Tuesday, November 1, 2011

The Case of Multiple Personalities


Jack Dikian
November 2011

Famed psychiatric story of "Sybil" seen as a fraud

The ABC’s 7.30 Report ran a story covering the psychiatric story of "Sybil" a pseudonym for Shirley Ardell Mason. As the story goes, in the 1973 book - Sybil is treated for Dissociative Identity Disorder (then referred to as Multiple Personality Disorder) by her psychoanalyst, Cornelia B. Wilbur.

The book sold millions of copies (in fact 6M copies in the first few years) was the basis for two movies, and perhaps more importantly establishing the template for the later upsurge in the diagnoses of dissociative identity disorders.

According to Debbie Nathan, an investigative journalist and author of the 2011 Sybil Exposed, New York: Free Press. ISBN 10:143916827X Wilbur and Mason perpetuated a fraud, documenting a 1958 letter by Mason confessing to making up the multiples for attention and excitement.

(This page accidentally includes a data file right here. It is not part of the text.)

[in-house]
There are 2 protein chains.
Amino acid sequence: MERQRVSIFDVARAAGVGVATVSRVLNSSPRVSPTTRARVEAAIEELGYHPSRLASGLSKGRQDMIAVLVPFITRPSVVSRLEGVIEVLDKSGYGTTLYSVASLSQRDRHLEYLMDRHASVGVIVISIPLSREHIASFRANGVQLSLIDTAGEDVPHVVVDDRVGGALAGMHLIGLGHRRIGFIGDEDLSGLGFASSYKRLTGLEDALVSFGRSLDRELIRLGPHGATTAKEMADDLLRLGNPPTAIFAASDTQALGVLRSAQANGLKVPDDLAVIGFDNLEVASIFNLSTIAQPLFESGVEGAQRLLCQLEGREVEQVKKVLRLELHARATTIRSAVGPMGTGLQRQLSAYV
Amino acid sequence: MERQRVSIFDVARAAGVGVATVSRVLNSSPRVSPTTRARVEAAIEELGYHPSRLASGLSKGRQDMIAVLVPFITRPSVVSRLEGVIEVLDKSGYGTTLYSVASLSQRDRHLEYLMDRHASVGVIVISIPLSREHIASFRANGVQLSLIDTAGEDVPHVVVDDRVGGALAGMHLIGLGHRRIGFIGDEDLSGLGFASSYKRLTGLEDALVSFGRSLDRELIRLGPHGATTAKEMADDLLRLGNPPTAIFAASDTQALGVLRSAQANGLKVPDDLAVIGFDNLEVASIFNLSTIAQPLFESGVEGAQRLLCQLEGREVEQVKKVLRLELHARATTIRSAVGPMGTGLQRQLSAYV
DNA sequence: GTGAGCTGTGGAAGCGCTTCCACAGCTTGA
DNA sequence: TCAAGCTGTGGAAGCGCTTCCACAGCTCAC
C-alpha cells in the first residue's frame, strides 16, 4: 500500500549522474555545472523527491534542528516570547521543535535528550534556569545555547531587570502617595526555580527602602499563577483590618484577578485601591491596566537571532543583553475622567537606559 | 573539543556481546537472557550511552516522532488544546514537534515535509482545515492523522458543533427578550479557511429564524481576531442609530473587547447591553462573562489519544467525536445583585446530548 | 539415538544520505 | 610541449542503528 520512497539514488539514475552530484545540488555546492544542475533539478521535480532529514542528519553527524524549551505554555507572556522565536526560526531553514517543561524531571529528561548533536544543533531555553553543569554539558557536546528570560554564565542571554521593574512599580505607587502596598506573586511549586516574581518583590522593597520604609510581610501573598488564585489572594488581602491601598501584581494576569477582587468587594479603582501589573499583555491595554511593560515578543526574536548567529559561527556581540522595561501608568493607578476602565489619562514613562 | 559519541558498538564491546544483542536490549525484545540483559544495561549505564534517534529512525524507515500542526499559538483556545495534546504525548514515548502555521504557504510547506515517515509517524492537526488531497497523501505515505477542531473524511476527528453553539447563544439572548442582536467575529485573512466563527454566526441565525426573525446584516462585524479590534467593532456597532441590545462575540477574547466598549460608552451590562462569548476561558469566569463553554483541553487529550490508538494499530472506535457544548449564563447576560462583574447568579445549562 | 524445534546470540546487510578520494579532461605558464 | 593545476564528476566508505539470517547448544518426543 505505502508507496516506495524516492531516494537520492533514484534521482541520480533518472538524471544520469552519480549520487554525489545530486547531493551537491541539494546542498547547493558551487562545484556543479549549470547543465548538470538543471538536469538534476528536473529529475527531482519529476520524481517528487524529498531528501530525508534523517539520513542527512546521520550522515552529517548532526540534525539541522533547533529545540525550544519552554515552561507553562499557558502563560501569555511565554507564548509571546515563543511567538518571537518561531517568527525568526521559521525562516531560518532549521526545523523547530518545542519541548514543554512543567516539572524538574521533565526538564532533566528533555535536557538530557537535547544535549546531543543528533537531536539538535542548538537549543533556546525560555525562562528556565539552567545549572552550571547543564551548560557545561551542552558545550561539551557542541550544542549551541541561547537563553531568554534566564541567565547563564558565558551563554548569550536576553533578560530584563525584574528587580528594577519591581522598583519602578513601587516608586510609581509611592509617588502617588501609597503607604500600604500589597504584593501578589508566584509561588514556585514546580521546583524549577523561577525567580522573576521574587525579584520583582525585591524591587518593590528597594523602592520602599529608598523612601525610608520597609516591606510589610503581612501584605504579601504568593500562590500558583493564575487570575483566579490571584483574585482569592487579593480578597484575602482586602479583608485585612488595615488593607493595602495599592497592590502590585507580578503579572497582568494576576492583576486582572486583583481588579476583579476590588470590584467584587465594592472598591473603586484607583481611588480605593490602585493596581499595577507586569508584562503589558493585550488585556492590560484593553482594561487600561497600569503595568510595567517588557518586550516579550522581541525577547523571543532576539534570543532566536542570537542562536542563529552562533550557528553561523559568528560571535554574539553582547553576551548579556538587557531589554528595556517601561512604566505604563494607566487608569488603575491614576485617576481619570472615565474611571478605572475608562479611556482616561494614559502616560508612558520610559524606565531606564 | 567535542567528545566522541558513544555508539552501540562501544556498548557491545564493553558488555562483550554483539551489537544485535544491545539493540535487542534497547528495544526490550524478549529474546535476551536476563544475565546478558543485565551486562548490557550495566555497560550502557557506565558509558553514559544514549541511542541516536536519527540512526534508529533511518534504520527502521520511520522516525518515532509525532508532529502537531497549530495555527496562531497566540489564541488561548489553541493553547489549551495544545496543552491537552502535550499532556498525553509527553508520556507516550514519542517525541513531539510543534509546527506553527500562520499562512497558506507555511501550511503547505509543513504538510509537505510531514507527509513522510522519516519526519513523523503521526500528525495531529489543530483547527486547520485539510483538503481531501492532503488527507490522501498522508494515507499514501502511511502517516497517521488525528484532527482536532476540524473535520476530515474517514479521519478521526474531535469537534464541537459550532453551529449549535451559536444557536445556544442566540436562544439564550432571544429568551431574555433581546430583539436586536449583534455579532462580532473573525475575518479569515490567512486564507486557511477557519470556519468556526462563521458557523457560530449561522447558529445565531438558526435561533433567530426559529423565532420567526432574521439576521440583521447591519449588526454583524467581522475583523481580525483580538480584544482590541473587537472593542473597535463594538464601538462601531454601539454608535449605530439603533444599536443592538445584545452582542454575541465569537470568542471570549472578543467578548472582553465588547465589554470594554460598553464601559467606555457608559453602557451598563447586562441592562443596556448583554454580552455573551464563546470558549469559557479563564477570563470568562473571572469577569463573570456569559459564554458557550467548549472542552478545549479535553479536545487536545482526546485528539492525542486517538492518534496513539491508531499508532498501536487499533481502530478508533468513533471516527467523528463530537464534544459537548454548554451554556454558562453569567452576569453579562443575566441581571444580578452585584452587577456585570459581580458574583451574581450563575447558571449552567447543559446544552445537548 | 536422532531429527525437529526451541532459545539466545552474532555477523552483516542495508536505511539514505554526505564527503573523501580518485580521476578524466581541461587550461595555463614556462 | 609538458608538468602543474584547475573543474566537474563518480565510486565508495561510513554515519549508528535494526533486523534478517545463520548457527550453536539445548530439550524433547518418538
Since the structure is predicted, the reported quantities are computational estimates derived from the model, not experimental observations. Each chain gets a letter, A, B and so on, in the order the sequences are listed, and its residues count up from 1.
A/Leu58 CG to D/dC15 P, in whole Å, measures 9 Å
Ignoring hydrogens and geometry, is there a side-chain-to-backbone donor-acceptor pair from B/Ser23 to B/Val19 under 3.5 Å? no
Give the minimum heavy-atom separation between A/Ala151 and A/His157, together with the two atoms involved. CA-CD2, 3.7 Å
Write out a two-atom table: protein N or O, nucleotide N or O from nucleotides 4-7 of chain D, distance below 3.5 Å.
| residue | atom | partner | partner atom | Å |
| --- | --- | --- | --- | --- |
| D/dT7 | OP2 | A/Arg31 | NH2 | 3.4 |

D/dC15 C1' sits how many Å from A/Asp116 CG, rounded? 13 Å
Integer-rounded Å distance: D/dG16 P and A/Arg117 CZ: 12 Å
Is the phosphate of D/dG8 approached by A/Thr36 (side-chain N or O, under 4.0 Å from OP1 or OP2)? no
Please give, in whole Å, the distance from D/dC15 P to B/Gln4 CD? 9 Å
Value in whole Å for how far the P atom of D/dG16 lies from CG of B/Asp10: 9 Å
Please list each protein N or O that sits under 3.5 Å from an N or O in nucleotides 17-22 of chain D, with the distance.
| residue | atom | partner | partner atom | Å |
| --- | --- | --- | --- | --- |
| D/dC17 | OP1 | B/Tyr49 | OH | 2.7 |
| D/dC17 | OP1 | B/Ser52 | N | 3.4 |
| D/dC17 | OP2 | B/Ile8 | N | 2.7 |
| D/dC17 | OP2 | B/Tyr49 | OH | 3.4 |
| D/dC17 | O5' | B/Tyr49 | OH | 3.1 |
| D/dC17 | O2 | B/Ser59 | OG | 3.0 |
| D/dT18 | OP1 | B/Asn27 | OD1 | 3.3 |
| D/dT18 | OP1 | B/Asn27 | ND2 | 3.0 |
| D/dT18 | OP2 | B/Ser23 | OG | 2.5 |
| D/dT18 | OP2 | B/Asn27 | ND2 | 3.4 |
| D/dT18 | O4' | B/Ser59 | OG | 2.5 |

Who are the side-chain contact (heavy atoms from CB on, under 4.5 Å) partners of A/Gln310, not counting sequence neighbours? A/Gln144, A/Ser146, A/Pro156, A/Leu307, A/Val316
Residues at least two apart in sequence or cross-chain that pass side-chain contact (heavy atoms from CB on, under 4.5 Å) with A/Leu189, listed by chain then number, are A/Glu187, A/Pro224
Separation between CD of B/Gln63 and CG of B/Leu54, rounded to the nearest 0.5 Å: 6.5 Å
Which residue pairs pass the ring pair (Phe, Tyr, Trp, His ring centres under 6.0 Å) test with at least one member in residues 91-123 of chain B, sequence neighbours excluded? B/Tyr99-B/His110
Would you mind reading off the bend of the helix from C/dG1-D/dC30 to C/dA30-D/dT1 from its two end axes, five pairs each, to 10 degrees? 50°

Nathan cites that prior to the publication of the book there were only around 80 cases of anything resembling multiple personality disorder. Thousands of cases were documented after the publication. Using records unsealed at New York’s John Jay College of Criminal Justice, including treatment notes Nathan pieces together what she considers a more accurate representation of clinical presentation and treatment. Simply put, the use of the barbiturate sodium thiopental (a general anesthetic and sometimes known as a Truth Serum which was later found to produce false memories) with suggestive statements and leading questions designed to diminish a patients unwillingness to express memories or feelings.

Others who have reviewed available case notes have concluded that Wilbur suggested multiple personalities to her client, whom they saw as a simple "hysteric". They also claimed that Wilbur and Schreiber fabricated most of the book, which is not a psychiatric case history but a novel with many details of the real case changed or removed.

The American Psychological Association recommends that Shirley Mason's case should no longer be cited as a 'classic example' of multiple personality disorder.

Today, Dissociative Identity Disorder is diagnosed significantly more frequently in North America than in the rest of the world and there continues to be controversy surrounding the topic. Dissociative identity disorder is less common than other dissociative disorders, occurring in approximately 1% of dissociative cases.


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